The number of children with post-traumatic stress disorder (PTSD) and other anxiety disorders including depression has increased in the occupied Palestinian territory where conflict continues with Israel, according to Médecins Sans Frontières (MSF) and Palestinian NGOs specializing in mental health.
[RAMALLAH, 26 July 2011] - The number of children with post-traumatic stress disorder (PTSD) and other anxiety disorders including depression has increased in the occupied Palestinian territory where conflict continues with Israel, according to Médecins Sans Frontières (MSF) and Palestinian NGOs specialising in mental health.
Violations against Palestinian children related to the armed conflict between Israelis and Palestinians have been documented by the UN Children’s Fund (UNICEF) in Jerusalem, including patterns of killing and injuries, arrest and detention, ill-treatment and torture, displacement and denial of access to health and education services.
Children are doubly affected, sometimes by multiple traumatic events and by the effects of the trauma on their parents and care-givers.
MSF recently increased its number of clinics and staff training in developmental psychology to meet the growing needs of Palestinian children. Fifty-four per cent of mental health patients at MSF clinics in the Gaza Strip were under 12 in 2010, it said. Over a third of the cases MSF treats in Gaza and over half in Nablus in the West Bank are severe, and affect the functioning of a person in daily life.
“More than half of consultations in Gaza and in Nablus are for children under 18 years old, so far in 2011,” said Hélène Thomas, psychological coordinator at MSF-France in Jerusalem.
“Children and adolescents have particular symptoms of psychological distress, like bedwetting, nightmares, learning difficulties [reading and speech], concentration and memory problems and therefore academic failure, or even aggressive behaviour,” said Thomas.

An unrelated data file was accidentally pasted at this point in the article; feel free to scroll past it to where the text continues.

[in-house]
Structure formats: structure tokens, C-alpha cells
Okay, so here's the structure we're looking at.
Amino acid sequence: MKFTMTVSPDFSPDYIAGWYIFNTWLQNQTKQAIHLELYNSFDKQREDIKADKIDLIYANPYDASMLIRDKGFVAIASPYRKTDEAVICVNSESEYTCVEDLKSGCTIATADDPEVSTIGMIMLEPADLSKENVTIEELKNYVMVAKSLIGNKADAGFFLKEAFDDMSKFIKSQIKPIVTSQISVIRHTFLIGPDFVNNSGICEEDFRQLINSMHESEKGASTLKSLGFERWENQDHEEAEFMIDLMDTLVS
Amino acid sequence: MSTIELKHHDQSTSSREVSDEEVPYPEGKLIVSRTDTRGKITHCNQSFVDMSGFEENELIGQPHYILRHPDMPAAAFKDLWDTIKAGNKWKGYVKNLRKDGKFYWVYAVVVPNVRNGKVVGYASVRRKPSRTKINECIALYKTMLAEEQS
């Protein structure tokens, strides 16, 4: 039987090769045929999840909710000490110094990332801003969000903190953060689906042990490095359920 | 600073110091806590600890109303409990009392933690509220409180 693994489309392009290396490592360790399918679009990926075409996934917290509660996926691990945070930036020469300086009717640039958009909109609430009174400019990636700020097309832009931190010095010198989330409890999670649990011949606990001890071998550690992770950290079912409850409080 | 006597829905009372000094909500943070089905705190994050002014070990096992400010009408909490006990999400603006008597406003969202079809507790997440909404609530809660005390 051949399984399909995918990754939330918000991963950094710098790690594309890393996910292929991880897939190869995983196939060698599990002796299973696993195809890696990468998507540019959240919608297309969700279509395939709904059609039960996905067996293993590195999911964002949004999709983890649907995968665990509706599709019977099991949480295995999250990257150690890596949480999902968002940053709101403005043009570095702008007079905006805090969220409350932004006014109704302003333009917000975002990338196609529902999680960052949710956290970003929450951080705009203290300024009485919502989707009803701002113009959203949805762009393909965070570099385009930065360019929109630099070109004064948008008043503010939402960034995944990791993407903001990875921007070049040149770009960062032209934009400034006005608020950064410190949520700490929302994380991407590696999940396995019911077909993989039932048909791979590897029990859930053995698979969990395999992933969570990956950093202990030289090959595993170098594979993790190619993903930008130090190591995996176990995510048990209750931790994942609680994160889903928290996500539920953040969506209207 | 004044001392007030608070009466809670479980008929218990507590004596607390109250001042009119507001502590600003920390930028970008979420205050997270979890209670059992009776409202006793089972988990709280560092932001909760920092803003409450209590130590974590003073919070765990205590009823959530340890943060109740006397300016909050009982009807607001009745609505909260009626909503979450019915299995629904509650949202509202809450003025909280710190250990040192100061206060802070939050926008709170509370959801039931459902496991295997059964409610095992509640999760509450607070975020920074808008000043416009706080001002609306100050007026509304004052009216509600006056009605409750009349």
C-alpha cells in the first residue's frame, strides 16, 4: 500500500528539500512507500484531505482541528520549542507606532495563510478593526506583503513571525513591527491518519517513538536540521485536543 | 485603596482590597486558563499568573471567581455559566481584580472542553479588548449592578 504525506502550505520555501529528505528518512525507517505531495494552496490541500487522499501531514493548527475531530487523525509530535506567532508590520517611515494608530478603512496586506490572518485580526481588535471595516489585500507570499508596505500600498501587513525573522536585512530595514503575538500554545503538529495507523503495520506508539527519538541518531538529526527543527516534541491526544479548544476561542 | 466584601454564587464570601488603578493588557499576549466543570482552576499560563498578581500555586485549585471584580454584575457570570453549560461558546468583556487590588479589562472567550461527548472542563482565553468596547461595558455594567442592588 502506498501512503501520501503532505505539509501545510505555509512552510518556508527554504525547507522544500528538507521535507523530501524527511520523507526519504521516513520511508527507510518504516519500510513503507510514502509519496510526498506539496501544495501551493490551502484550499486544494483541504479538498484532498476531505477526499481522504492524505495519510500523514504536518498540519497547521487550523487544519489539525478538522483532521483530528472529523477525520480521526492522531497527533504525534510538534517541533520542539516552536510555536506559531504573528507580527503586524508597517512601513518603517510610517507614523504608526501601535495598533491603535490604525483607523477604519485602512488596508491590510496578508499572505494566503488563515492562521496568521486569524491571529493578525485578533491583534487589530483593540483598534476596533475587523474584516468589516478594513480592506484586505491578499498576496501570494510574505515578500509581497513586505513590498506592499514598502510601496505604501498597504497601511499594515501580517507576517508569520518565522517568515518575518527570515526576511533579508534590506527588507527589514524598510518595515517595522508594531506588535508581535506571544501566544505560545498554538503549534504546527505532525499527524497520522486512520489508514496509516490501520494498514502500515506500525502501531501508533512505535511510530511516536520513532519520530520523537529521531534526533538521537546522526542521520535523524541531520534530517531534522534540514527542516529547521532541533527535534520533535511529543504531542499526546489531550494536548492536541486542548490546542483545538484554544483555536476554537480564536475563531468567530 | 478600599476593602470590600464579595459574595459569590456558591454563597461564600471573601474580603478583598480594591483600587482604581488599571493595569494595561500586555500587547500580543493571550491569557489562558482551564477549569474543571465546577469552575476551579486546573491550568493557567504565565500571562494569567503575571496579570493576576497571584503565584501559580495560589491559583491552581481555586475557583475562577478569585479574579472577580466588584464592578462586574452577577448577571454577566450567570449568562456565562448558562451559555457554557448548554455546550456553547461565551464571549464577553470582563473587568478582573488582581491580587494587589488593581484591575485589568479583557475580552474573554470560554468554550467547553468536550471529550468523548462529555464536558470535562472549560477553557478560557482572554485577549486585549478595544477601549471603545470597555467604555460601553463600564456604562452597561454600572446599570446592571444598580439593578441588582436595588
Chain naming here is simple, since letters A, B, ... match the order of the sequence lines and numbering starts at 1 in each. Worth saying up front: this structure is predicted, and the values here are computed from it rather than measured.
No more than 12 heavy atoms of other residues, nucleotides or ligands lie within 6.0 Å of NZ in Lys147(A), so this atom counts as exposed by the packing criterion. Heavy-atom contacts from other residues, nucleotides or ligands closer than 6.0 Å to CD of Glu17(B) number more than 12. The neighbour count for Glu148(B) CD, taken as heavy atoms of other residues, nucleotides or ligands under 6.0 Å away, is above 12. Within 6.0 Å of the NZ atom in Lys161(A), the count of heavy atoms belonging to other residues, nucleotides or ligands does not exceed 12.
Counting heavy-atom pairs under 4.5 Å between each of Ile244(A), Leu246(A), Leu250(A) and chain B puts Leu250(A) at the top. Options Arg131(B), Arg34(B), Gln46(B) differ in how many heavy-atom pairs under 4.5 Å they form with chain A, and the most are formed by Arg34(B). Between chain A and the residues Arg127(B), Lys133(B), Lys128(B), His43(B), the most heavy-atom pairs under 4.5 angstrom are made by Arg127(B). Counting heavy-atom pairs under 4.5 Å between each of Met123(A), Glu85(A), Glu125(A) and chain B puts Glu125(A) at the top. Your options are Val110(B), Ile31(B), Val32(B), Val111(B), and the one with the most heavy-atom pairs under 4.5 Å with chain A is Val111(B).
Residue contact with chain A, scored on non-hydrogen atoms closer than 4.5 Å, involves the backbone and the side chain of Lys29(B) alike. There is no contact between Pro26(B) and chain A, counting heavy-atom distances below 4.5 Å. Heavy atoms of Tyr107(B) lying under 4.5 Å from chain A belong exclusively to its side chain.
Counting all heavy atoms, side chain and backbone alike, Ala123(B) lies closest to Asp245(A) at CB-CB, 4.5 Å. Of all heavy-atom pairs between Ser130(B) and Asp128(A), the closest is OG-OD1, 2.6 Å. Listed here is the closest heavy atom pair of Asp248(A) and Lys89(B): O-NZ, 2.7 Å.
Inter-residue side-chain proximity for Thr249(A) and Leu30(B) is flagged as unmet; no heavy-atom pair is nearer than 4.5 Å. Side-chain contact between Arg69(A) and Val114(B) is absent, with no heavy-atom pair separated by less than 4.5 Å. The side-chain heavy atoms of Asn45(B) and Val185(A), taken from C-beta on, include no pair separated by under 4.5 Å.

MSF provided 6,099 psychological consultations and treated 702 new patients in 2010 at their six centres in Gaza and one in Nablus, compared to 4,912 consultations in 2009.
“Nearly half of MSF patients under 15 years old in Gaza were treated for PTSD and nearly a third were treated for other anxiety disorders in 2010,” said Thomas, and “about a fifth of patients under 15 years old in Nablus were treated for PTSD.”
In Gaza, 74 per cent of cases in 2010 came one year after a violent event. In Nablus a high level of anxiety cases (over 40 per cent of all MSF patients) are diagnosed with anxiety related to settler harassment and military incursions.
“Children form an emotional association with symbols of a traumatic event,” said Thomas, “like when Israeli soldiers raid a home with dogs, and after the child develops a phobia of dogs, linking dogs to the event and fear associated with it.”
Mental health professionals from the Palestinian NGO Treatment and Rehabilitation Center for Victims of Torture (TRC), which provides comprehensive treatment and rehabilitation services to survivors of torture and organised violence across the West Bank, also reports that children seeking mental health care overwhelmingly suffer from PTSD and other anxiety disorders.
TRC treated 3,800 patients across the West Bank in 2010, about 15 per cent of them children, and is partnered with Palestinian NGO Gaza Community Mental Health Programme in Gaza (GCMHP).